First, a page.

Just when you’ve begun to grow your hair out, lovingly buried your dry-cleaned hazmat suit in a Rubbermaid storage barrel in the yard, and finally given up on your insistence that Walter White’s semi-triumphant machine-gun-powered standoff was nothing but the dream of a man dying in a snow-encrusted car that would never start on the first magically-appearing-key turn, they pull you back in. (By the dog wire lashing you to the ceiling of the superlab in which you are enslaved. You always forget about that wire until a Nazi tugs on it.) Today at an industry conference in Cannes, DreamWorks Animation CEO Jeffrey Katzenberg revealed — and please, steady yourself, this is about to get real — that he was willing to put up $75 million for three additional 60-minute Breaking Bad episodes that would pick up wherever the show ended. Reports Variety:
“I had this crazy idea. I was nuts for the show. I had no idea where this season was going,” [Katzenberg] said, during the keynote session at Mipcom …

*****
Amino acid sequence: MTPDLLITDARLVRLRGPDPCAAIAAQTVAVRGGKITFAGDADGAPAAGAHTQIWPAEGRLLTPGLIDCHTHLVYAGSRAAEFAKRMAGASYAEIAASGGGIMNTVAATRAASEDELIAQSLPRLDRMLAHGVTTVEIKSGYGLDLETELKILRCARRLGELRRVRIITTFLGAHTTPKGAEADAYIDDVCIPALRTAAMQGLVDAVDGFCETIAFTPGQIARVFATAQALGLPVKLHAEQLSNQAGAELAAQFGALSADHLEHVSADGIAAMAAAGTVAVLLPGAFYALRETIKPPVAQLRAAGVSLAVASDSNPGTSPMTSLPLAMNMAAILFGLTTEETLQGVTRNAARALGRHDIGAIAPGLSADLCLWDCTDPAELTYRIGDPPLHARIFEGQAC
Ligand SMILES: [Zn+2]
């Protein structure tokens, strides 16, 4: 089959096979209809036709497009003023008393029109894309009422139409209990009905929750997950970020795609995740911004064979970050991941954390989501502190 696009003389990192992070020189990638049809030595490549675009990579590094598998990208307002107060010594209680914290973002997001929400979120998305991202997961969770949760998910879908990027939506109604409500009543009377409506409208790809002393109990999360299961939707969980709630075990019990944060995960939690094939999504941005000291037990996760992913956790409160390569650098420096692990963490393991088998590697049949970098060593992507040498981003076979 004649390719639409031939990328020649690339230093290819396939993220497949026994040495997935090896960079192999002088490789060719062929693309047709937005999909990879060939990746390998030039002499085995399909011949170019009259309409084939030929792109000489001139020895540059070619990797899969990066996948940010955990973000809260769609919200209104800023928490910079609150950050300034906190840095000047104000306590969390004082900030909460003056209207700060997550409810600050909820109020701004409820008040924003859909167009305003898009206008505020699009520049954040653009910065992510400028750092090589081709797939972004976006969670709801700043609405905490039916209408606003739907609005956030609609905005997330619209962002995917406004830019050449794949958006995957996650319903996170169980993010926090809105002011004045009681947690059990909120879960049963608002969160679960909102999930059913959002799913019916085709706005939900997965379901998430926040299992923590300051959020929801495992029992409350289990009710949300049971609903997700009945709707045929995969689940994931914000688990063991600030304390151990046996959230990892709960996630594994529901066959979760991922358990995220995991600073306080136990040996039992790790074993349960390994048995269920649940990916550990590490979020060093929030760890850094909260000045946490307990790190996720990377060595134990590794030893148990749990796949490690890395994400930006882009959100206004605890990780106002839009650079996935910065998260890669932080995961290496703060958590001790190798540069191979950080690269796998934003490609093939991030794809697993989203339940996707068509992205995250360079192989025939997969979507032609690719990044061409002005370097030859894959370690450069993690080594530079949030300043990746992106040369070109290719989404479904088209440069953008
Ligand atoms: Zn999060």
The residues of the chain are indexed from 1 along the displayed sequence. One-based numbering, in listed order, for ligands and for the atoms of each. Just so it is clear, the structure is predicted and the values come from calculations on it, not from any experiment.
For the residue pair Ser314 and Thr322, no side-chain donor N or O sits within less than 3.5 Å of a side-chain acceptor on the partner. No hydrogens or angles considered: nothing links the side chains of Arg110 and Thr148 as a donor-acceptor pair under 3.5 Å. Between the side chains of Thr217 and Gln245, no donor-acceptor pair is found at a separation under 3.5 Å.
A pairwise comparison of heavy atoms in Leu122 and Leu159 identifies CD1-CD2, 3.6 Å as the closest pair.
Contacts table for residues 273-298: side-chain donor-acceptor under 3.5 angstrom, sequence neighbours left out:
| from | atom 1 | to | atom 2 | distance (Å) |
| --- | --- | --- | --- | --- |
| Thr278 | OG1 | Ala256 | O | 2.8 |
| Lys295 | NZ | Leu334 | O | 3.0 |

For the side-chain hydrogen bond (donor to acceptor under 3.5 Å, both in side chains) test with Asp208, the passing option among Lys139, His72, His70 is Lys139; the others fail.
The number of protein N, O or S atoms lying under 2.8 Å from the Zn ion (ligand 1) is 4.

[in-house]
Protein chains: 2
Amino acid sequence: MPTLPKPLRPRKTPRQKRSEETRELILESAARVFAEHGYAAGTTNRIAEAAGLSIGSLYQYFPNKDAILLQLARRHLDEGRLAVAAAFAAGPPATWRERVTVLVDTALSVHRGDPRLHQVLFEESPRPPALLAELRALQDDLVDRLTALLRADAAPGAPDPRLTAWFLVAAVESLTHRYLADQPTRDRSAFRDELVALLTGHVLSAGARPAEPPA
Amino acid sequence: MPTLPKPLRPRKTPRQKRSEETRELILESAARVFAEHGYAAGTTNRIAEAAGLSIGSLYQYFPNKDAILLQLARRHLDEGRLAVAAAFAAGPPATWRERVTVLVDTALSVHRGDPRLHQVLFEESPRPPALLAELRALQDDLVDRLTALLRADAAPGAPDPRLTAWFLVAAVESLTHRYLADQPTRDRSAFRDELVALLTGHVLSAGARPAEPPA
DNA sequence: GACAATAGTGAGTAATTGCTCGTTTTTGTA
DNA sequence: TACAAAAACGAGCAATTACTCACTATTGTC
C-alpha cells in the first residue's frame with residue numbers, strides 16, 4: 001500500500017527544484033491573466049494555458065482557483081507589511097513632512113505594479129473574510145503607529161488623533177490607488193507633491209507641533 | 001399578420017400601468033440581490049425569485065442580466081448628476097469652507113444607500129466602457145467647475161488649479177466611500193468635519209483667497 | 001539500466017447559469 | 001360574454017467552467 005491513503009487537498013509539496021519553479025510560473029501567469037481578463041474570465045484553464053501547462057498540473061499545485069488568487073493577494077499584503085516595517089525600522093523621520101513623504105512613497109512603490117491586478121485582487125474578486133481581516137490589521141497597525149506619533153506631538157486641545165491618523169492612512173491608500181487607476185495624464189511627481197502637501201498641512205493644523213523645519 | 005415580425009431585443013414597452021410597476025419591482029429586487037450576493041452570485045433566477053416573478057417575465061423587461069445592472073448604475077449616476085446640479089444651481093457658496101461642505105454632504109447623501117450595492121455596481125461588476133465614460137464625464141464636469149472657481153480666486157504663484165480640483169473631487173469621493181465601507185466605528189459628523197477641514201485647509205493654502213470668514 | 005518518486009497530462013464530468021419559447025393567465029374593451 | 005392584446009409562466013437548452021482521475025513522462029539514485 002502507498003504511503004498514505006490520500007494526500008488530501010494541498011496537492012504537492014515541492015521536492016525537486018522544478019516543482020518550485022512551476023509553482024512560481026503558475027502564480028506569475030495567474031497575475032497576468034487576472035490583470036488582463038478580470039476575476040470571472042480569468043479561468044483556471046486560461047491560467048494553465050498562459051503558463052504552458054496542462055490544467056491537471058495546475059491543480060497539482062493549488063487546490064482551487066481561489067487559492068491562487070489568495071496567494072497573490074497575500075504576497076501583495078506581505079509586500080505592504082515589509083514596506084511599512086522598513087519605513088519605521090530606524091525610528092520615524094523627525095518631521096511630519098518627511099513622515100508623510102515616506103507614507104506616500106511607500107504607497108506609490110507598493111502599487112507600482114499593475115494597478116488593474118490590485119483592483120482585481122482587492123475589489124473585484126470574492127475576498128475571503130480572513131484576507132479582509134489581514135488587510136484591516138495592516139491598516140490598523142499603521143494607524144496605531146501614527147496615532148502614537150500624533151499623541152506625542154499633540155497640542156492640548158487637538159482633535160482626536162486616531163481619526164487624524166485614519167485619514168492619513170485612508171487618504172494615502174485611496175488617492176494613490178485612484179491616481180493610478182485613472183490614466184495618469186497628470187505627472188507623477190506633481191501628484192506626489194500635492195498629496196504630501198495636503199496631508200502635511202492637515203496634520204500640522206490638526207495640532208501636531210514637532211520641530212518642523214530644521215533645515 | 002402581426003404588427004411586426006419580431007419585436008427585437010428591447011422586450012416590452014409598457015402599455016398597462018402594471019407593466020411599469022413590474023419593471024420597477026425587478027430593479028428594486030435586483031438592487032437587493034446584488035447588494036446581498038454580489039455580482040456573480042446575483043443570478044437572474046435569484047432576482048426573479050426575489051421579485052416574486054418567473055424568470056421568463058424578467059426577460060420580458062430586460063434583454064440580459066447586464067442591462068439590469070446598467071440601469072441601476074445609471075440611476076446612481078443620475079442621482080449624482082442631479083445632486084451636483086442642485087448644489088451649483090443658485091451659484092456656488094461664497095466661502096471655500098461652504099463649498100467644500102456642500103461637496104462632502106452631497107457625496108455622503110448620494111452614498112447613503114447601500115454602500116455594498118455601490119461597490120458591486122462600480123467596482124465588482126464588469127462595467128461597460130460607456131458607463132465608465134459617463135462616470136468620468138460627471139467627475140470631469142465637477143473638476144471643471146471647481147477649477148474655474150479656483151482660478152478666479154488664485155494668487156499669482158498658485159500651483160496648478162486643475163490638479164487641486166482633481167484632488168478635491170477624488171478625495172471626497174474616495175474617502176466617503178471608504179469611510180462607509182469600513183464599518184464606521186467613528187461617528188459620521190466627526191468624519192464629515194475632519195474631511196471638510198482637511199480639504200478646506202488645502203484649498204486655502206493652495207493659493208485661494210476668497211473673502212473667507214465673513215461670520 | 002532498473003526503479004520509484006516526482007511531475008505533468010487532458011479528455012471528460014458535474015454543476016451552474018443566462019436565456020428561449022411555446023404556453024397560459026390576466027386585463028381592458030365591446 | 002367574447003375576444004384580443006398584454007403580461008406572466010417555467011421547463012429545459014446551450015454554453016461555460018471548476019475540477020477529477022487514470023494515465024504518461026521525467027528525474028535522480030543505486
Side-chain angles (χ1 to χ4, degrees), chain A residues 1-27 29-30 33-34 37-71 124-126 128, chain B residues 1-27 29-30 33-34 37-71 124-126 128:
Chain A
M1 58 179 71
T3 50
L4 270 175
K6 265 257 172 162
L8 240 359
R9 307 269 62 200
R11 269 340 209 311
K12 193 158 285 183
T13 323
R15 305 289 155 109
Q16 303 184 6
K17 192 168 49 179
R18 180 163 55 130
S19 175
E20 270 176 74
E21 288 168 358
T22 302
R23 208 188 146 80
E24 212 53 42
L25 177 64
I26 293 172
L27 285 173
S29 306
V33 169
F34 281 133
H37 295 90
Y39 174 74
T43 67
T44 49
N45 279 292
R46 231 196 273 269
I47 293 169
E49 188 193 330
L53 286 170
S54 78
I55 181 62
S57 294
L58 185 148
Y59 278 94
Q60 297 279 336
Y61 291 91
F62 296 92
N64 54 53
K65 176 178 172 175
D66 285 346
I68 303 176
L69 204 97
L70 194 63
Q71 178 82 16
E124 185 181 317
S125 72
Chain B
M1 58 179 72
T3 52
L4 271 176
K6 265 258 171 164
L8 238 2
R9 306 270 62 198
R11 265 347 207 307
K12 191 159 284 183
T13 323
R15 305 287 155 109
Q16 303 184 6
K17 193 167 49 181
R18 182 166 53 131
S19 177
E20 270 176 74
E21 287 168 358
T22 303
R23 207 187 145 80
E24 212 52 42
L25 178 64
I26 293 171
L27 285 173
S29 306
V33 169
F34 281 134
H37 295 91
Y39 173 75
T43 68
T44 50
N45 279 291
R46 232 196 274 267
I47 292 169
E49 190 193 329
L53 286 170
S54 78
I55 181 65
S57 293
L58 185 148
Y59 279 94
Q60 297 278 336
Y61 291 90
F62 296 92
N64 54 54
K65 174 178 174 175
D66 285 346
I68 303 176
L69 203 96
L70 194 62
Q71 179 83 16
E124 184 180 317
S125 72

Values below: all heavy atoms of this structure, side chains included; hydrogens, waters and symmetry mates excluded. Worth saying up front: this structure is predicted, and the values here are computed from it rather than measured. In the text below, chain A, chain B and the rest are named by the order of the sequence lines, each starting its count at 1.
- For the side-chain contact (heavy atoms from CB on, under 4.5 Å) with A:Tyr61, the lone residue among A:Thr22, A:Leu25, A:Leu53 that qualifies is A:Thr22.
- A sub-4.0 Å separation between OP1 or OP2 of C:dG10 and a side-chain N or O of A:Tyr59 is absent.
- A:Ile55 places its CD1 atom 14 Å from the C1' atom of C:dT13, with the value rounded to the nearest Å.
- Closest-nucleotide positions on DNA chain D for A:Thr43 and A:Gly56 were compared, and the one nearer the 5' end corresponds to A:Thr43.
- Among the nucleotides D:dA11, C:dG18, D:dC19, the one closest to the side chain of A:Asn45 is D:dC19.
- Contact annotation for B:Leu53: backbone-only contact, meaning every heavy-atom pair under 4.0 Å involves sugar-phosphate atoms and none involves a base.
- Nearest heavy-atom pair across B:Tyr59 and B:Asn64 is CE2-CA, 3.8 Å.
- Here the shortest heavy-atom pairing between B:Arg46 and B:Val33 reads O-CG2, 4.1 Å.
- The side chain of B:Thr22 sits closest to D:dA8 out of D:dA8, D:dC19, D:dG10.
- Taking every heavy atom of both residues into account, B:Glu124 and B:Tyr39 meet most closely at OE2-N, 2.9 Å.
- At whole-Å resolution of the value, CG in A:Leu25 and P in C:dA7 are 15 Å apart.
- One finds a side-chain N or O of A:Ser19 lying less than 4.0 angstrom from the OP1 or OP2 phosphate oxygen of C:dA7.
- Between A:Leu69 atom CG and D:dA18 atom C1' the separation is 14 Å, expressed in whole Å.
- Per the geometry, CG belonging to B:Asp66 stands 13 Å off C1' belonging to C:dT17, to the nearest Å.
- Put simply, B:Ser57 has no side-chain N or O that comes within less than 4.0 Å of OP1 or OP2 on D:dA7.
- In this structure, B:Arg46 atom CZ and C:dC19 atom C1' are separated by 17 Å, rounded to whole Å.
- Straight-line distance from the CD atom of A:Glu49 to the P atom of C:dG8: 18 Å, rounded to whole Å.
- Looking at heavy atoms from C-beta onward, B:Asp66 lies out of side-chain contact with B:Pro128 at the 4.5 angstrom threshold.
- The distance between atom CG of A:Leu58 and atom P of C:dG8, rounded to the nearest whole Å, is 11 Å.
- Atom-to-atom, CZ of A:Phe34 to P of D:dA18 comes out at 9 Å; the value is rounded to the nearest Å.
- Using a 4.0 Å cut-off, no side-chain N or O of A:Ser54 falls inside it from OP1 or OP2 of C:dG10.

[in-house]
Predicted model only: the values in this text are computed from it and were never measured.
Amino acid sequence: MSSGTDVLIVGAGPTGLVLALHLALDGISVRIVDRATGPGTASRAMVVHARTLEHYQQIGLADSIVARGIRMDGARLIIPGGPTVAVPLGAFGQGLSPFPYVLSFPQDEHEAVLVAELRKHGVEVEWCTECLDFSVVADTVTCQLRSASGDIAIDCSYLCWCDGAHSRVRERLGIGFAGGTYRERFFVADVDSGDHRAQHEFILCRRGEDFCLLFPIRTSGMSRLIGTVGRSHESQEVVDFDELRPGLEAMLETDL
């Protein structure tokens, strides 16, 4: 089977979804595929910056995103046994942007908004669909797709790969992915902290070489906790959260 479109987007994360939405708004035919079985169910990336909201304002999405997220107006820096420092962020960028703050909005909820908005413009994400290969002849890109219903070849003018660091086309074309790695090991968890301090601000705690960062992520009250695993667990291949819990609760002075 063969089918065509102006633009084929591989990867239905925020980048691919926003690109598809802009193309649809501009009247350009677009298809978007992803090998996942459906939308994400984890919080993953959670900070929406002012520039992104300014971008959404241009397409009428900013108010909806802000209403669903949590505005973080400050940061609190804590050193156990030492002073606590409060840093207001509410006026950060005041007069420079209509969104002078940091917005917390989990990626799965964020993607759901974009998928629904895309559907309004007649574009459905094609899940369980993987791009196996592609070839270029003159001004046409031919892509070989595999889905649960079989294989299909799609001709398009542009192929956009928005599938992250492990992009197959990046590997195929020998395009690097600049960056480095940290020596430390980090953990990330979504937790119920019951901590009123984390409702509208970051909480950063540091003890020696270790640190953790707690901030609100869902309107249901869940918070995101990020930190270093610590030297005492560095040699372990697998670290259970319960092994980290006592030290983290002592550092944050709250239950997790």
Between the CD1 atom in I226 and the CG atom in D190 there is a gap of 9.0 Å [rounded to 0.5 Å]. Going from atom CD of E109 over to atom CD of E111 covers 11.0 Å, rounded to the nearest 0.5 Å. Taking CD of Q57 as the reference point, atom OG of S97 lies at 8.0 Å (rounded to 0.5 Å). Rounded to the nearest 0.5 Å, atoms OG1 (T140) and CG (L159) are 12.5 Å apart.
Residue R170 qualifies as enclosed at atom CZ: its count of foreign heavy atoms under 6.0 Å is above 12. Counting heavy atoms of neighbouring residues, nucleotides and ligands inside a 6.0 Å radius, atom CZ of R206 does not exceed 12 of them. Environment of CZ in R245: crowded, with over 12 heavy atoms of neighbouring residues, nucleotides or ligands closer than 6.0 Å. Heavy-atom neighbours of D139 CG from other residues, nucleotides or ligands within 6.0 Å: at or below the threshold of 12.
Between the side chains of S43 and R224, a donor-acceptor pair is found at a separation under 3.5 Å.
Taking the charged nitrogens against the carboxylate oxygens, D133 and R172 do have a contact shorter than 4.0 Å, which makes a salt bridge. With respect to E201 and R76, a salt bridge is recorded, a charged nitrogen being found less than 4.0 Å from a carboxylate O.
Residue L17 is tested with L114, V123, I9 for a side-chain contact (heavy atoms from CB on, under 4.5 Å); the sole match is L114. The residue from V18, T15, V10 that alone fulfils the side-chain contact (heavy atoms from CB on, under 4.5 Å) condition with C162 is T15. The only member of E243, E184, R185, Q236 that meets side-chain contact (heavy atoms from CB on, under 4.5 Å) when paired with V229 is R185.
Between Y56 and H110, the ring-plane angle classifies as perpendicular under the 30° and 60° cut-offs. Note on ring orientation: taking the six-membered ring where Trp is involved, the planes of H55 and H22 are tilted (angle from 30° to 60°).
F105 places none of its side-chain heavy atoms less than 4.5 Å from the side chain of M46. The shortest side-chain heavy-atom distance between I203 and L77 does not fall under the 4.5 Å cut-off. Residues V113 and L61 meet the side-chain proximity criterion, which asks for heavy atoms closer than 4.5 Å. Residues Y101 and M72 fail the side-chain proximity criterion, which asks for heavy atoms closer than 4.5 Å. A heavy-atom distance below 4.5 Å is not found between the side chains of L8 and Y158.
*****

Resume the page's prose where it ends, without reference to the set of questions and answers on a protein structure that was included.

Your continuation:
He explained that he had intended to show the extra content as six-minute segments over 30 days online.
“I said (to them), ‘I’m going to create the greatest pay-per-view television event for scripted programming anybody’s ever done,’” he explained.
Indeed, the tidy way in which Vince Gilligan wrapped up his meth opera — an ending Katzenberg, like everyone else on earth, was totally unaware of beforehand — probably made the plan impossible, no matter the Czech-drug-ring-level dollar value. But: three more episodes! Three more hours! At just 50 to 99 cents per installment! Think of all the Huell closure we could have! And Jesse working the pipeline in Alaska! And … excuse our shouting. This is a lot to process, and it’s not easy to reconcile our greedy desire for more Bad with our grudging acceptance that the series is over, forever. This was never going to happen. It all ended as it should have — sorry, Huell, we hope that motel has HBO. It’s time to move on … and e-mail Katzenberg to throw the same money at Mad Men. AMC’s looking greedy enough with that one to take it. And we’d all buy that Don Draper’s just dreaming the 1970s. He’s definitely dying in the front seat of his Cadillac.